Last year, during a severe pain attack, I was asked, “What’s it feel like?”
I remember writhing where I sat, wanting to rip my face off, wanting to tear it away, my hands held in front of me like claws, as if that part of my body would go rogue and tear away my flesh, make the pain reach that indefinable crescendo until it finally abated. I couldn’t think.
Stabbing. Gouging. Slicing. Bolts of pain shooting along each branch of the trigeminal nerve, mainly in the left side of my face. This morning I endured two hours of this, at what I call “Level 20.” I remember being in the hospital, and someone asked me, “On a scale of one to ten, how bad is the pain?”
Beyond ten. Beyond.
I think of that now, when I slip into an attack like a child drowning in a vast ocean, lost in the agony of that pressure, desperately trying to breach the surface.
While pounding my fist into a pillow, weeping at times, I try not to move, try not to breathe, try not to do anything that might worsen the effects. The only thing I can do is wait it out. When the flare-up reaches a particular level, there’s nothing stopping it, nothing to soothe it. Nothing works except the passage of time.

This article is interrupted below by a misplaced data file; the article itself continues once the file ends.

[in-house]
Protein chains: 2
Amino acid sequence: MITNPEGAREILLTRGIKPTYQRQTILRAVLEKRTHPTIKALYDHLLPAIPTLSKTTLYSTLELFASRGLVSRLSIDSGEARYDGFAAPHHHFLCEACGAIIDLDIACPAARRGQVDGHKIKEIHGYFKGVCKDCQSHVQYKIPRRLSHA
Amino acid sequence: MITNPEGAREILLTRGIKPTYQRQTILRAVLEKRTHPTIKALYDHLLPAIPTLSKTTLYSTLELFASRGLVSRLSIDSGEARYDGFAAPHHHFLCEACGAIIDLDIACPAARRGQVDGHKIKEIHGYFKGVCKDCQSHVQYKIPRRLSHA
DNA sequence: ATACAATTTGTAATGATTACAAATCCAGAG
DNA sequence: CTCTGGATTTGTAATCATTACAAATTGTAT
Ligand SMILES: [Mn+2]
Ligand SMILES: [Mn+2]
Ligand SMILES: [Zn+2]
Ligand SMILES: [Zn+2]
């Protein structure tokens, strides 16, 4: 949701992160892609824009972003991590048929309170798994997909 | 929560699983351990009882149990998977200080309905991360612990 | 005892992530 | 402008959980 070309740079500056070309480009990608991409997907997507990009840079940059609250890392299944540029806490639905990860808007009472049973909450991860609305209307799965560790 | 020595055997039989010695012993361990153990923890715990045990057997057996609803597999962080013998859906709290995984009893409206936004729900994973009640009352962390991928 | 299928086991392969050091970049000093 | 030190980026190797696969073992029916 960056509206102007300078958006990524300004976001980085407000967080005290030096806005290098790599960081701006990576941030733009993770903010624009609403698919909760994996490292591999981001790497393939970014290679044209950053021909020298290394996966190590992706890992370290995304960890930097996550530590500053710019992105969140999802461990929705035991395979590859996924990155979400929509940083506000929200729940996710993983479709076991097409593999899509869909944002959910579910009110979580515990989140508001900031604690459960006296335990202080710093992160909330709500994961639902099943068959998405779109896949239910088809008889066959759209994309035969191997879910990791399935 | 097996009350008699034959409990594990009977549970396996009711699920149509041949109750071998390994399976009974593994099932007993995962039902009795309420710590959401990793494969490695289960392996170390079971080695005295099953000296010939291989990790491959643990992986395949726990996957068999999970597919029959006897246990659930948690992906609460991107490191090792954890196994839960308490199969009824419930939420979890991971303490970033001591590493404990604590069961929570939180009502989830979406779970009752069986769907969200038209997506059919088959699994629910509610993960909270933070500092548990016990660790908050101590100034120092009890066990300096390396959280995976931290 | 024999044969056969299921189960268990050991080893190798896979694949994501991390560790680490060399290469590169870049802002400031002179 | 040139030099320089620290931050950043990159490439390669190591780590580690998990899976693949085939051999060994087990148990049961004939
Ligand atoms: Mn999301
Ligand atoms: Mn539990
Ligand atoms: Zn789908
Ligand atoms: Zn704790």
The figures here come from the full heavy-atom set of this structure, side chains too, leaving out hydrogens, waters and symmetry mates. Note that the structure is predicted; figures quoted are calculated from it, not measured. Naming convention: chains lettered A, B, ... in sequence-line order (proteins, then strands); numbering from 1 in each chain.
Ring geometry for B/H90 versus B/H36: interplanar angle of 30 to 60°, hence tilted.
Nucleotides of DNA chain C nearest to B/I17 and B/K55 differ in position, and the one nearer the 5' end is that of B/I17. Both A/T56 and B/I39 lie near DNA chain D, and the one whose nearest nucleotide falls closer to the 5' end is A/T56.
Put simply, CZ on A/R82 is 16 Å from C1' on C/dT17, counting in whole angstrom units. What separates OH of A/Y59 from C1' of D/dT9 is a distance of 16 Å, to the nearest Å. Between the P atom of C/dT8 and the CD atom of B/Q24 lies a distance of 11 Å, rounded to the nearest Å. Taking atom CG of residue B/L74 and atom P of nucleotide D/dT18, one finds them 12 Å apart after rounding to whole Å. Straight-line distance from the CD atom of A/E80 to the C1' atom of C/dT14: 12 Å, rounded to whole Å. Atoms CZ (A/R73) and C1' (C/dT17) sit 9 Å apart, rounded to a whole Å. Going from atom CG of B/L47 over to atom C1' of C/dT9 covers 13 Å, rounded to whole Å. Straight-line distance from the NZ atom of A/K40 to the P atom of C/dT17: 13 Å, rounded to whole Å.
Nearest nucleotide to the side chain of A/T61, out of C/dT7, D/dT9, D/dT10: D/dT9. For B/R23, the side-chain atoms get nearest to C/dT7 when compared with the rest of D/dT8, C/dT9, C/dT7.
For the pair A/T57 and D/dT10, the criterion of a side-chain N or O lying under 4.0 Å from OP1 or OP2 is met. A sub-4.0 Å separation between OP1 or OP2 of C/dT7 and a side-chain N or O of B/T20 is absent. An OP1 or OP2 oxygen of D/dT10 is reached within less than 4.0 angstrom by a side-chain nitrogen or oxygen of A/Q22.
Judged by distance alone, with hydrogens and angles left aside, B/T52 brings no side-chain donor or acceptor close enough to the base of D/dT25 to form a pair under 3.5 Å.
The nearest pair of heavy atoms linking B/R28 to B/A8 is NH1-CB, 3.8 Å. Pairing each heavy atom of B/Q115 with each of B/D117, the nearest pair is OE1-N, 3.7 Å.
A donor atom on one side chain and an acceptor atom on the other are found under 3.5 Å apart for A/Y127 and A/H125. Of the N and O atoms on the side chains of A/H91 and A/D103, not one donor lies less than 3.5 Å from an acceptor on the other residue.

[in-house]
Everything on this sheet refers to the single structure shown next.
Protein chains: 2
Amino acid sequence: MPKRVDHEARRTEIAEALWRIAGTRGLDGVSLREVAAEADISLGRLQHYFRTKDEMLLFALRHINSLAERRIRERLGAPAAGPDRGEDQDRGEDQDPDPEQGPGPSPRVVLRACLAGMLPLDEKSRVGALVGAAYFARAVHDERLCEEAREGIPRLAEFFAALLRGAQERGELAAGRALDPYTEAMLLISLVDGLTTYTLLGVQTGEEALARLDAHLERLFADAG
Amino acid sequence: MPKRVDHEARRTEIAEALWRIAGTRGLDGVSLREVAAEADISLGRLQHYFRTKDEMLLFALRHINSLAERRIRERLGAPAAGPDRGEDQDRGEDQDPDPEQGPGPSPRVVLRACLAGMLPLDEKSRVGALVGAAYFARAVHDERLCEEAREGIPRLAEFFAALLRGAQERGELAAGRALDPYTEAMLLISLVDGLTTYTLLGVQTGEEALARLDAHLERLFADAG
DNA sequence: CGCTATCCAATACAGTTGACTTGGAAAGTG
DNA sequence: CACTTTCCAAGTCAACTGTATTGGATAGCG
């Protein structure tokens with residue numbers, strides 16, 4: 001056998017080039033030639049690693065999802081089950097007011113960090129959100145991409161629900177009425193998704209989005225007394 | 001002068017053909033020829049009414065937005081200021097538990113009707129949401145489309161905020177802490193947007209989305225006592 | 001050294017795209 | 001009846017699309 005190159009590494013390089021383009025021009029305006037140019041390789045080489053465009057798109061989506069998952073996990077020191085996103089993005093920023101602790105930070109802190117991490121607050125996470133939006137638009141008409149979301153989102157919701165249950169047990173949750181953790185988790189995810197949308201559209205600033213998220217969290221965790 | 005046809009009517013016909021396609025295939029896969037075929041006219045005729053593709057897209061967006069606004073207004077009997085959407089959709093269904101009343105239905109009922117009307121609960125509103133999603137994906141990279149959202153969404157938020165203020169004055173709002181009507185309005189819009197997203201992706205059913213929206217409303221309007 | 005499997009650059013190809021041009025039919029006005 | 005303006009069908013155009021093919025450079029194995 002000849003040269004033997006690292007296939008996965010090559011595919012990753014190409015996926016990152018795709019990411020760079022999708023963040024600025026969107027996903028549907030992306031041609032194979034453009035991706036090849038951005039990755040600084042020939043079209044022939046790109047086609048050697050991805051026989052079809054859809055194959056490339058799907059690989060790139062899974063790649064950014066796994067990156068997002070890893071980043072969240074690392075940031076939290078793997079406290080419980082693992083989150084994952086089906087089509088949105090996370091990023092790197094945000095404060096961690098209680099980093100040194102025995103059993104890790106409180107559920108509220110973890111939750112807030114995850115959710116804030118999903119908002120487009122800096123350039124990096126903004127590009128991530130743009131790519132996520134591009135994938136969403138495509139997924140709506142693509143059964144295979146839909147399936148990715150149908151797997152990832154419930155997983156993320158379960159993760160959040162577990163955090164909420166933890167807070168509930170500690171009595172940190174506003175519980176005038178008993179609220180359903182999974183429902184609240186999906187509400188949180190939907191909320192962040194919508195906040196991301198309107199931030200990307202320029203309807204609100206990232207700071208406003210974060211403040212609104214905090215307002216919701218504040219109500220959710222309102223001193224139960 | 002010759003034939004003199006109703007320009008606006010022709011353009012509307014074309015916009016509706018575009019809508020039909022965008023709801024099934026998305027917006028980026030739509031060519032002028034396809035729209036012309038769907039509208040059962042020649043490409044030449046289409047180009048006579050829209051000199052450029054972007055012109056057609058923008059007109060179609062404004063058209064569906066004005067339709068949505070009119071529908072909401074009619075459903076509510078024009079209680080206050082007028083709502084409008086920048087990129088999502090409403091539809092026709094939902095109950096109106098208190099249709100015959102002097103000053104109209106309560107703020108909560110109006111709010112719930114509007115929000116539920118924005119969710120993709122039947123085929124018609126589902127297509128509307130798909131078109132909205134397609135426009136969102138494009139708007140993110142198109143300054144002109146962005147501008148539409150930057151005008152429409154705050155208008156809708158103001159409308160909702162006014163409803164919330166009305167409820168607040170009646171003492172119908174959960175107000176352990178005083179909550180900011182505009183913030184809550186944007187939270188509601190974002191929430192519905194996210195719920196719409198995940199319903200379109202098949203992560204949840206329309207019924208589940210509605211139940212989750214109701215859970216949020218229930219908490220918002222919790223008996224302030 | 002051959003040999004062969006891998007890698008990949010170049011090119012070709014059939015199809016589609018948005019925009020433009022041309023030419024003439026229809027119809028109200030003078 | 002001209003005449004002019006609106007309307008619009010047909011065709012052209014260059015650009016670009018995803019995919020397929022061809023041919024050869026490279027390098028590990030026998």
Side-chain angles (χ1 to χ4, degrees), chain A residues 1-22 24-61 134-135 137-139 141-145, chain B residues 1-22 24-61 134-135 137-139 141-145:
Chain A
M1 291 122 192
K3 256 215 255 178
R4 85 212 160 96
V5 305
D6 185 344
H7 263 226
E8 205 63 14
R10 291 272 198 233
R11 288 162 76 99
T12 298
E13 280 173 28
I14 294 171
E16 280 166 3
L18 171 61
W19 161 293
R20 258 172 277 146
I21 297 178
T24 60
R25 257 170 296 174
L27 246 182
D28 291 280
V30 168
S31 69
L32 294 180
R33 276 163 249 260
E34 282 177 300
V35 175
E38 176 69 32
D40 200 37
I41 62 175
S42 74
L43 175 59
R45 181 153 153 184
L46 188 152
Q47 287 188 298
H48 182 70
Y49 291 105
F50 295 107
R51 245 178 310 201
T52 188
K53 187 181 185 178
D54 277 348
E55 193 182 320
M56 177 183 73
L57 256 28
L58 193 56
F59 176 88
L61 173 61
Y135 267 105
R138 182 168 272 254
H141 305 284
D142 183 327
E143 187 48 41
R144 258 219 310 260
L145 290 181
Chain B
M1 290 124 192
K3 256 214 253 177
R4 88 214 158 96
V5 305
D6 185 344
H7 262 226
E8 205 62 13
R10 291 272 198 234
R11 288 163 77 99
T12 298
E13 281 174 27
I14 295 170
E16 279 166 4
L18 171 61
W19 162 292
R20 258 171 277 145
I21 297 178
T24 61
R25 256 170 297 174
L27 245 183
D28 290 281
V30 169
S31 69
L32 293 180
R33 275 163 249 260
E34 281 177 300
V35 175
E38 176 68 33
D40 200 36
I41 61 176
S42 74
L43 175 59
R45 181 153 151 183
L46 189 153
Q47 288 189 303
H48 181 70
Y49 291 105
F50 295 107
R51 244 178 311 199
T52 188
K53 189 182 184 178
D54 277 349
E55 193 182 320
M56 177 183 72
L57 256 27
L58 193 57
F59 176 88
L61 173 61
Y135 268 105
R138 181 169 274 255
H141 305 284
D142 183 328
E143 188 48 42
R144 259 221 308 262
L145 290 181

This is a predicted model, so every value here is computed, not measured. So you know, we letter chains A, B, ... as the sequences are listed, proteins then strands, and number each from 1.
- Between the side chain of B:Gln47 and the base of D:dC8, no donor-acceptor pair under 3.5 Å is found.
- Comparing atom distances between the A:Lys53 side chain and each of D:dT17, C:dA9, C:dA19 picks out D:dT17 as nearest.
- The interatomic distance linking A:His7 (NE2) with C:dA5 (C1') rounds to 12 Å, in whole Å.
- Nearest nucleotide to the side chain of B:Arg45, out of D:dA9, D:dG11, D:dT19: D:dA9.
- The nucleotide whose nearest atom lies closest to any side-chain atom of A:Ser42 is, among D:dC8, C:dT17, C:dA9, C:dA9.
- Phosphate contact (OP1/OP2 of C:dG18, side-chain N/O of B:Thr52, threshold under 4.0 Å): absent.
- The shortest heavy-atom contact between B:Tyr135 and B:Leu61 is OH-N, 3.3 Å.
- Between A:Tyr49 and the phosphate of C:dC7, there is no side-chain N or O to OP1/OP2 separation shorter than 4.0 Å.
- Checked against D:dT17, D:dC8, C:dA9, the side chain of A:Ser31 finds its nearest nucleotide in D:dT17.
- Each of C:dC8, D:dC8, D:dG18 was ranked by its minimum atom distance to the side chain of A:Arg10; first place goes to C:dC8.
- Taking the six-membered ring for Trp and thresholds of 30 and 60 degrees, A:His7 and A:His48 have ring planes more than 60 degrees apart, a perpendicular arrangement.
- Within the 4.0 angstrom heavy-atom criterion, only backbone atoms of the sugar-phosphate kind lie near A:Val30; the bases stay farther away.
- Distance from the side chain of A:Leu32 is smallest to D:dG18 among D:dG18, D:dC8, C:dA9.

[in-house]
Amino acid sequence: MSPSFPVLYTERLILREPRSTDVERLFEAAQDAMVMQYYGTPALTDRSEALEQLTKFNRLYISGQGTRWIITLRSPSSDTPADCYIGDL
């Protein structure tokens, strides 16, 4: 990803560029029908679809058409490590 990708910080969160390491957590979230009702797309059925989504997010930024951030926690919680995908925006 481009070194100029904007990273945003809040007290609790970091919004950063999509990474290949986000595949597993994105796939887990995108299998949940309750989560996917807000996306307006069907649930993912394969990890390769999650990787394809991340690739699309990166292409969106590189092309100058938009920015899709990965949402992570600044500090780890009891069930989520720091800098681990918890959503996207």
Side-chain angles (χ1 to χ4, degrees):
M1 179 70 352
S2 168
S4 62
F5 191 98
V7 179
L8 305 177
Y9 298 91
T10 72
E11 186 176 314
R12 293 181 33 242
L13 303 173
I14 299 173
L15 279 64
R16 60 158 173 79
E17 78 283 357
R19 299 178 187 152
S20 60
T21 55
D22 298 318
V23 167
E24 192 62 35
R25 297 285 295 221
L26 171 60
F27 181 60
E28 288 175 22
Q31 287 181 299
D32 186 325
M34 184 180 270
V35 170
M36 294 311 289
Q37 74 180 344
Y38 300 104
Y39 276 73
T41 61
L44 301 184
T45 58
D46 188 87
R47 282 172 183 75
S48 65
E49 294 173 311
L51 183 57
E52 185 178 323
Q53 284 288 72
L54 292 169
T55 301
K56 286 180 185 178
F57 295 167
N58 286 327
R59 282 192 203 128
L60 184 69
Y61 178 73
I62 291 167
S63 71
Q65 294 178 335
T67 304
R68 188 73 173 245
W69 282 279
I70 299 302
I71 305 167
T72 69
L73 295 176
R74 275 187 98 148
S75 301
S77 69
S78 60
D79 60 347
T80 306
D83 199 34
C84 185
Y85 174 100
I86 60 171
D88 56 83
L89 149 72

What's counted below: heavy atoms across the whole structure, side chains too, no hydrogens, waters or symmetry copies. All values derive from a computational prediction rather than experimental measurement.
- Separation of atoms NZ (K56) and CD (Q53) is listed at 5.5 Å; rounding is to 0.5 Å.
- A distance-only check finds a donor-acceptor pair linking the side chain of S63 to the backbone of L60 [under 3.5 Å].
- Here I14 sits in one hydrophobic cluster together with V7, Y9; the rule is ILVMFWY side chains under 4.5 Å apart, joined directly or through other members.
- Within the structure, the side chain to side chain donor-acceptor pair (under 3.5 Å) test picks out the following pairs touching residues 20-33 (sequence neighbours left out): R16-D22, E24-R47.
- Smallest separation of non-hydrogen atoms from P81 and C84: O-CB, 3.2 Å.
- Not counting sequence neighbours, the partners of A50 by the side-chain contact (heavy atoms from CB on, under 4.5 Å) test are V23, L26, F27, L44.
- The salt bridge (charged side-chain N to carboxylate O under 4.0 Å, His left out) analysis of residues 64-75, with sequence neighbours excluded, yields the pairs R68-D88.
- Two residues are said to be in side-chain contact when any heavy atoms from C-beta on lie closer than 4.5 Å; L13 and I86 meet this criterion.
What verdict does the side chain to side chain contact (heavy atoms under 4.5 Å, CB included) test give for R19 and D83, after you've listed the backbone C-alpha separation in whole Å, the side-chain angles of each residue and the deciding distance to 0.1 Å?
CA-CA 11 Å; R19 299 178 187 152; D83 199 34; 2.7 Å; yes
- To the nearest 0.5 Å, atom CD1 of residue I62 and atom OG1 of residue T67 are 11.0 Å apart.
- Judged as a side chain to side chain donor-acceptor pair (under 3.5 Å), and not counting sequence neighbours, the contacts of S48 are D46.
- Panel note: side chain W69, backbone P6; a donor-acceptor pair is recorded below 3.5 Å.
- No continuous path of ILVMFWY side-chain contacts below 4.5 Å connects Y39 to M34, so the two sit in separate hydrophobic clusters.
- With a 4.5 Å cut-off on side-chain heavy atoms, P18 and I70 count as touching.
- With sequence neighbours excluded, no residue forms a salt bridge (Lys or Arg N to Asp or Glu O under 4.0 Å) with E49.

I have lidocaine patches on my face. I wrap my head up in a scarf. Sometimes it helps. I walk to the mailbox and think, “What do others see?” And when they discover my condition, they invariably wonder, “What’s it feel like?”
You don’t want to know.
For more information: TNA, The Facial Pain Association